Special feature by Clayton Patterson.
This is a question I ask in my movie “Captured.” NYC used to be the cultural capital of the western world. This town used to be a breeding ground for hundreds of geniuses. One of the main ingredients which fostered this abundant amount of creativity was cheap rent and the possibility of living a good, but inexpensive lifestyle. Remember the 99 cent breakfast: 2 eggs cooked anyway you liked, a good sized scoop of real hash brown potatoes, a choice of 1 of 3 different kinds of toast-pumpernickel, rye, or white, unlimited coffee refills, a small orange juice, and you were set for the day. Today it is an 8-dollar brunch.
The list of great NYC cultural contributors, those who could afford to spend their time creating instead of working to pay the rent, is many. A tip of the iceberg: Jimi Hendrix, Jackson Pollack, Rothko, Emma Goldman, Ginsberg, Houdini, Charlie Parker, Thelonious Monk, Scorsese, and I will use Lou Reed as an example: Lou Reed took a few years to grow into Lou Reed accomplished musician. In the 60’s, his turbulent formative years, his Ludlow street rent was $38.00 a month. Today a Ludlow street studio across from Katz’s is $3,000.00 per month. Not only have we killed the golden muse who gave birth to a Lou Reed, but also with the cost of surviving in NYC today, I would never have been able to get my start here. And not to include him as a genius, but Rudolph Giuliani was also a product of cheap rent.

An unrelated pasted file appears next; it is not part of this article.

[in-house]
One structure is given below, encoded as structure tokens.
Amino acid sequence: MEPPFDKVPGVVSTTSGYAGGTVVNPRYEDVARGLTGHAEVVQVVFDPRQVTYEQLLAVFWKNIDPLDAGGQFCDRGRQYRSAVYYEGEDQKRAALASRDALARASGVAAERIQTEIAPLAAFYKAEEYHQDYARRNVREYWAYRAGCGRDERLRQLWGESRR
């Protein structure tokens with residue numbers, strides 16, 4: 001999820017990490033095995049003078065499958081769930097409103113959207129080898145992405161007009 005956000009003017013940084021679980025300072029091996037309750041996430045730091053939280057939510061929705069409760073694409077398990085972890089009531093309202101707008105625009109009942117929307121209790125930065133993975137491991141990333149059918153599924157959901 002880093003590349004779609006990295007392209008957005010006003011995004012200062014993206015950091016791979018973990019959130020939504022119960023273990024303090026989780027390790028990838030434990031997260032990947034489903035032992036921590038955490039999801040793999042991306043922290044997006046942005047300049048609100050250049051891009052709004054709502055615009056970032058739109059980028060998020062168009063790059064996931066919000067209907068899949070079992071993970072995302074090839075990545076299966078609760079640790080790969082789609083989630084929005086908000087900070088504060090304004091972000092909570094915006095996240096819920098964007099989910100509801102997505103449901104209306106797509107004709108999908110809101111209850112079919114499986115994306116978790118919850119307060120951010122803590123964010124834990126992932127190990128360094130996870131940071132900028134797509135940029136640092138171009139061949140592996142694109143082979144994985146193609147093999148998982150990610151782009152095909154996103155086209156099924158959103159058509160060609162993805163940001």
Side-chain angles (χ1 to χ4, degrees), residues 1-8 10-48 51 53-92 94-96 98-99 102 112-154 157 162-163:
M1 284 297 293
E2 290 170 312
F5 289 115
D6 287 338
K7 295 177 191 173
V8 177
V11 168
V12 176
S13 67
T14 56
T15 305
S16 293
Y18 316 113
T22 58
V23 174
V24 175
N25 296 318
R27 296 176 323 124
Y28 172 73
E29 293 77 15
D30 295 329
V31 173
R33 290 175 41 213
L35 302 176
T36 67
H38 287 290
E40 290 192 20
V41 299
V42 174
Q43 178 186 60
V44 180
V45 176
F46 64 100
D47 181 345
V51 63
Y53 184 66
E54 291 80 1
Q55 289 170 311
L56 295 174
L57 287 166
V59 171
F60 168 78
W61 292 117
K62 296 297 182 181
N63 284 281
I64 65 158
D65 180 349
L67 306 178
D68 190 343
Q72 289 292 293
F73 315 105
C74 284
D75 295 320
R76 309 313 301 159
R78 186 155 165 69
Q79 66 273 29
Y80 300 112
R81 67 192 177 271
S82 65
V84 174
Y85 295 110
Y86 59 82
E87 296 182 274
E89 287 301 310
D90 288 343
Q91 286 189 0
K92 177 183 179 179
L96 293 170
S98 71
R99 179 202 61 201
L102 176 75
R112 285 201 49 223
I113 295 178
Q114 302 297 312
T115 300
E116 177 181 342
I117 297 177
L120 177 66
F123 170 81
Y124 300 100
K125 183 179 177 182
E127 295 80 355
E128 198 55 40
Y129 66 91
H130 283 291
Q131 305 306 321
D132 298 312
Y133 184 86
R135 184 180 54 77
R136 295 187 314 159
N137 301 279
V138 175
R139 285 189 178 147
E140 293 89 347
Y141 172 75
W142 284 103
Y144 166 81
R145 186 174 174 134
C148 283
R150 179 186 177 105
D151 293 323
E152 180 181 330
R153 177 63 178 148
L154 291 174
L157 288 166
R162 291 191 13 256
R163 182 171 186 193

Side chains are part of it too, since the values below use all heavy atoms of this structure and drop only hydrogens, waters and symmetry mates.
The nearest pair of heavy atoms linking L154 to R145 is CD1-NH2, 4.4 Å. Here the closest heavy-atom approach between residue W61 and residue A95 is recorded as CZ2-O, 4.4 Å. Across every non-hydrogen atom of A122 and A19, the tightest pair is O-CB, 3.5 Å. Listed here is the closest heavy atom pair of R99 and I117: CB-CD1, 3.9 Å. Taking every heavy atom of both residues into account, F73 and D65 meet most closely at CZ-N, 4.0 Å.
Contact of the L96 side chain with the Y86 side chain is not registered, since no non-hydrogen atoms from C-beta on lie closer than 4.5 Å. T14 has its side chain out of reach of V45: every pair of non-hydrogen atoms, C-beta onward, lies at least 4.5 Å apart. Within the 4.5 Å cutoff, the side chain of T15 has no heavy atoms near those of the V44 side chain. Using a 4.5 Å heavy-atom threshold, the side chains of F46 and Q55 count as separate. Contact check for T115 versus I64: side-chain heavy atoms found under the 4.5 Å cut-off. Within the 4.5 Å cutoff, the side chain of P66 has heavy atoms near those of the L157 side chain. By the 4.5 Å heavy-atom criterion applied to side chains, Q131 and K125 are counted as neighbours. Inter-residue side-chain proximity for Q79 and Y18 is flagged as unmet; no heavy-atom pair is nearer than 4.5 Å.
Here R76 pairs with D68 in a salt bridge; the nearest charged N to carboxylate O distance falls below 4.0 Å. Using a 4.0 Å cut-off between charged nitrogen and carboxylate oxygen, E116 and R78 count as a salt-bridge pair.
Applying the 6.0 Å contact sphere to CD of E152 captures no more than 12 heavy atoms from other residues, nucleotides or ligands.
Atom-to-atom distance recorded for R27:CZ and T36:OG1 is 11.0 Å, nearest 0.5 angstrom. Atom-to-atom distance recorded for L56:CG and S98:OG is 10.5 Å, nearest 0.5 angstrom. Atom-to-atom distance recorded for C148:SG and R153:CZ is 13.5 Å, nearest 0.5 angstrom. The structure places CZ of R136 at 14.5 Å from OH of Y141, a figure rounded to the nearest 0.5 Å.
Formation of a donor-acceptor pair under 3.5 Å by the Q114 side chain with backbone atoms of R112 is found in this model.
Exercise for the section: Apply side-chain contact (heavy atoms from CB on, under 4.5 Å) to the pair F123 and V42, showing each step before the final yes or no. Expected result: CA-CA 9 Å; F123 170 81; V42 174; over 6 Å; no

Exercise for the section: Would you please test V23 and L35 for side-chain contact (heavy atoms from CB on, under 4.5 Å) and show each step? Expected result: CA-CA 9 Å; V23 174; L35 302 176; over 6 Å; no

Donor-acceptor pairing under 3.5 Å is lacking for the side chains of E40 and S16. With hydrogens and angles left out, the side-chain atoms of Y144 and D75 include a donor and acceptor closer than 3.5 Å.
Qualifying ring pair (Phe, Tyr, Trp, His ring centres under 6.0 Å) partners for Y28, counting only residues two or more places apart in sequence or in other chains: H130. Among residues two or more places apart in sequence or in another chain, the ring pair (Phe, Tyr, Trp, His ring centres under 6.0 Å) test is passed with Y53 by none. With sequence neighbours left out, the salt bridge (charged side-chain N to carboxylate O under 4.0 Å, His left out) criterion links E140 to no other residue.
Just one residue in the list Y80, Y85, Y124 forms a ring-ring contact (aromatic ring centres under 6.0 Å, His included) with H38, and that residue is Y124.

We are murdering the chances for working-class, the poor, the new immigrant, those who are starting off on the bottom of the economic ladder, to achieve the American dream. On the Lower East Side, many of the public school students who live in the projects do not even have a computer, never mind a fast Internet server. What does their future hold? A job a McDonald’s?